The iGeneration is living in a culture of excess. But what they lack is what they need the most: Christ and his Church Emily Stimpson OSV Newsweekly
Some call them the iGeneration. Others prefer Generation Z, Pluralists or post-Millennials.
Sociologists and marketing experts have yet to reach a consensus on what to call the children of Generation X — today’s teens, tweens and tots. But they have picked a start date for the newest emerging generation: 1997.
They’ve also identified a few defining characteristics: They are perpetually plugged into technology, they pride themselves on being socially conscious, and they’re the least religious generation in American history.
For the Catholic Church in particular, that last bit of news is cause for concern.
As a 2010 study by the Barna Group found, the religious practices of the average American teenager have rapidly declined over the past decade, with the religious practices of Catholic teenagers declining significantly more than that of their Protestant peers.
More specifically, Catholic teens today are less likely than Catholic teens in 1997 to attend church, Sunday school or small-group meetings. They’re also less inclined to pray, donate money to their parish or read about their faith and far more reluctant to talk about their faith with those who don’t share it.
What explains the continued decline in religious belief and practice among today’s Catholic youth? Who is this rising generation? And what can both parents and parishes do to arrest the free fall in belief that increasingly defines the iGeneration?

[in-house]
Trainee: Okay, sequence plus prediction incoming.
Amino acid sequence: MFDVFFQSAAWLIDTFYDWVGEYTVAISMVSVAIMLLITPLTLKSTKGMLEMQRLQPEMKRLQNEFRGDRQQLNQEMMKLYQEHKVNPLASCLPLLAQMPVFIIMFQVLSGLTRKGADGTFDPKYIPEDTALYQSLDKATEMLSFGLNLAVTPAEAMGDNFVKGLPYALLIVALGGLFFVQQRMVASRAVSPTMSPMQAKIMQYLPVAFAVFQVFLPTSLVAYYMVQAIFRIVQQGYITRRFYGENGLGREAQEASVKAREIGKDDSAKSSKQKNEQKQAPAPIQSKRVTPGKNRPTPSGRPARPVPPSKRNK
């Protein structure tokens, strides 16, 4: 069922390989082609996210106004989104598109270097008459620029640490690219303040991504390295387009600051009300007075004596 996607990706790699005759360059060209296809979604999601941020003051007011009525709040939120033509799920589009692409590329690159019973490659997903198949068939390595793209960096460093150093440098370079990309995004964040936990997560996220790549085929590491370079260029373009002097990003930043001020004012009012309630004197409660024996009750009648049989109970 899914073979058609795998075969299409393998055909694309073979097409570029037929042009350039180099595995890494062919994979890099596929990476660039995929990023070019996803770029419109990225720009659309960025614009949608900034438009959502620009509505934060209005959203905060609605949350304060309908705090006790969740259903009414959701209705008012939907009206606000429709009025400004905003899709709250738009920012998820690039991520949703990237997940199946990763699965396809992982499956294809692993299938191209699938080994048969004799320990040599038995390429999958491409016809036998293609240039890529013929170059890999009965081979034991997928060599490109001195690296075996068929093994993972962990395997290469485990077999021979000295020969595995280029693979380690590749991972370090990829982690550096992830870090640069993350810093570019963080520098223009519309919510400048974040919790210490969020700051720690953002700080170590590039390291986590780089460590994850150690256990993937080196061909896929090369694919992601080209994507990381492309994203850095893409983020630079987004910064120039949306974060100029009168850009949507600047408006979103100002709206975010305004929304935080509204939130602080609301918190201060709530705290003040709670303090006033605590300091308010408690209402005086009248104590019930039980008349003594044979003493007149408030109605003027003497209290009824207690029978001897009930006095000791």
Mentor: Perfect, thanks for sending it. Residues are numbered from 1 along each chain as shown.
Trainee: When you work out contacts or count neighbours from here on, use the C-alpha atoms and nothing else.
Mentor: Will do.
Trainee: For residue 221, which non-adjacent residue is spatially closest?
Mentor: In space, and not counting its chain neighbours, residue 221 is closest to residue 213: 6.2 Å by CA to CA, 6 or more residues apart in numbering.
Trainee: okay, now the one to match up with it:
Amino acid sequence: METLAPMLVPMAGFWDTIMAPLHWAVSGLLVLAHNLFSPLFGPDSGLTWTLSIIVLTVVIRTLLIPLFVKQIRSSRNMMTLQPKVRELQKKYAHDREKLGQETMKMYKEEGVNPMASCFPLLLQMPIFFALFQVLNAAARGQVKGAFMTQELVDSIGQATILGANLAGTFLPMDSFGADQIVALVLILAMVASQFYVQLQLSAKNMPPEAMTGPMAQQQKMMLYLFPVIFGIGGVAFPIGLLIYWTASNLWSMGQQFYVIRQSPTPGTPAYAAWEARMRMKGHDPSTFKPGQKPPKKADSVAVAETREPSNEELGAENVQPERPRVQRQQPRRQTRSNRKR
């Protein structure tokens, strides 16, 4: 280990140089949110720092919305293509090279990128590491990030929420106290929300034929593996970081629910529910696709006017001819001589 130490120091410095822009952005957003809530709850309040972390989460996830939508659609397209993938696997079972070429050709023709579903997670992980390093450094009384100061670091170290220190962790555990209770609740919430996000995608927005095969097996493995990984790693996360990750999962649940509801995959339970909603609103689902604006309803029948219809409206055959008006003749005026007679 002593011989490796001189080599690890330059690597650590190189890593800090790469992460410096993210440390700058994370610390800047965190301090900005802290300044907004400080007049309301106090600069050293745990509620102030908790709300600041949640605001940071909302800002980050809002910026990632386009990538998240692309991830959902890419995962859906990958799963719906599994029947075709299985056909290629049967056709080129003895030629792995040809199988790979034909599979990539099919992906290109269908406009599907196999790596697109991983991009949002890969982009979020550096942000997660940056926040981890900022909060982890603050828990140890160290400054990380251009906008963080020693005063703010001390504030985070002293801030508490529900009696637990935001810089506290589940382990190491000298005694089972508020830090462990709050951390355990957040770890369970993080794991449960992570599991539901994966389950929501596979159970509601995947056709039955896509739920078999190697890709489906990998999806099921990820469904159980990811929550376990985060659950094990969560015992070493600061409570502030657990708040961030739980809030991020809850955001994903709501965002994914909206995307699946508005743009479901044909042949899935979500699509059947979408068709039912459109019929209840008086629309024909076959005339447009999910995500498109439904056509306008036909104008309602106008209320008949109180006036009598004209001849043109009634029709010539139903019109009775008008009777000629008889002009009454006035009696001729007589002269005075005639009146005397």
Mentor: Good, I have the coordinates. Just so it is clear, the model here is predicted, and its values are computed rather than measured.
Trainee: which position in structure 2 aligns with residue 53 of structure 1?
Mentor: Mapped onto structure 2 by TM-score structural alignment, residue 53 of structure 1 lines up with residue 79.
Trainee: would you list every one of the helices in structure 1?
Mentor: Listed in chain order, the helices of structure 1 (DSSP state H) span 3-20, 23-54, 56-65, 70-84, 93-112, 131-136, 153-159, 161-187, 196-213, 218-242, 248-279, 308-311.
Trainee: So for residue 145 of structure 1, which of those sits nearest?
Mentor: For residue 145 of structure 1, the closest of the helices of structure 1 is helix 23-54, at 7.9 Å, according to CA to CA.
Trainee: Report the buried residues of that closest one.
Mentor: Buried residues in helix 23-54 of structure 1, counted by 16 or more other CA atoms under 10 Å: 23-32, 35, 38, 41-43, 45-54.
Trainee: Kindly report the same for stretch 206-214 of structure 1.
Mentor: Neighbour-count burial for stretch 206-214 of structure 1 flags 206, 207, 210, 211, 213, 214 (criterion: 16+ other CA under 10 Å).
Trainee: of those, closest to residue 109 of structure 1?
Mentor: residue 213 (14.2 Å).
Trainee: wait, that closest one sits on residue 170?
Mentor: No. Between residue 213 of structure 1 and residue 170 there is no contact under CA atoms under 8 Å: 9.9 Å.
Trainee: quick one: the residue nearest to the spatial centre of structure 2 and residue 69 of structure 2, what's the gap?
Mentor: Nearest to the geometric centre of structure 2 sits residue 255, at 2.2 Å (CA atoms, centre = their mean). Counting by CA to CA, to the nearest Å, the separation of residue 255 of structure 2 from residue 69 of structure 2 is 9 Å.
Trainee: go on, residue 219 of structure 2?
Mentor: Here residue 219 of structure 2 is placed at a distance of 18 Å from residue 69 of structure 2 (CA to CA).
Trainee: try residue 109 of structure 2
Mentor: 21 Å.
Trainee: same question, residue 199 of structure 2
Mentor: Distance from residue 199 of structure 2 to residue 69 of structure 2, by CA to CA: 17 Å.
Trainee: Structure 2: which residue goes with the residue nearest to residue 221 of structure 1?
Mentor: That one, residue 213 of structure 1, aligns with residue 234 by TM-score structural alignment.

Our Sunday Visitor put those questions to some of the most experienced and effective youth ministers serving the Church today.
What they believe
In his 2005 book “Soul Searching: The Religious and Spiritual Lives of American Teenagers” (Oxford University Press, $17.95), Notre Dame sociologist Christian Smith coined the term “moral therapeutic deism” to define the religious beliefs of today’s typical teen.
Nine years later, the Augustine Institute’s director of youth ministry and evangelization, Jim Beckman, says the term still holds true for teens in general and many Catholic teens in particular. As Beckman explained it, moral therapeutic deism combines the vision of God held by deists of old (a far-off God, removed from his creation) with the moral relativism of the post-modern world.
“The idea is that we need to be good people who live good lives, but the definition of ‘good’ is vague,” Beckman said. “It’s more oriented around feeling good than being good.”
Likewise, with staggeringly high numbers of teens rejecting the idea of absolute truth — one recent study by Protestant apologist Josh McDowell put it as high as 93 percent — most believe it is up to individuals to determine what defines “feeling good.”
“You could almost say they’re moral individualists, rather than moral relativists,” said Brian Kissinger, who has spent 10 years serving as a youth minister in Pittsburgh and northern Virginia. “They’re completely comfortable holding conflicting ideas in tension with one another.”
That applies to their friends’ ideas, with the members of America’s most diverse generation accustomed to spending time with those who hold different religious, political or cultural beliefs.
And it applies to their own ideas.
“You see teens who proclaim traditional Judeo-Christian beliefs at church, then act in a completely contrary way when they’re at school or out on Friday night,” Kissinger said.
“Teens did that 10 and 20 years ago too, but we saw it as being two-faced. Now, there’s not even an awareness of the disconnect.”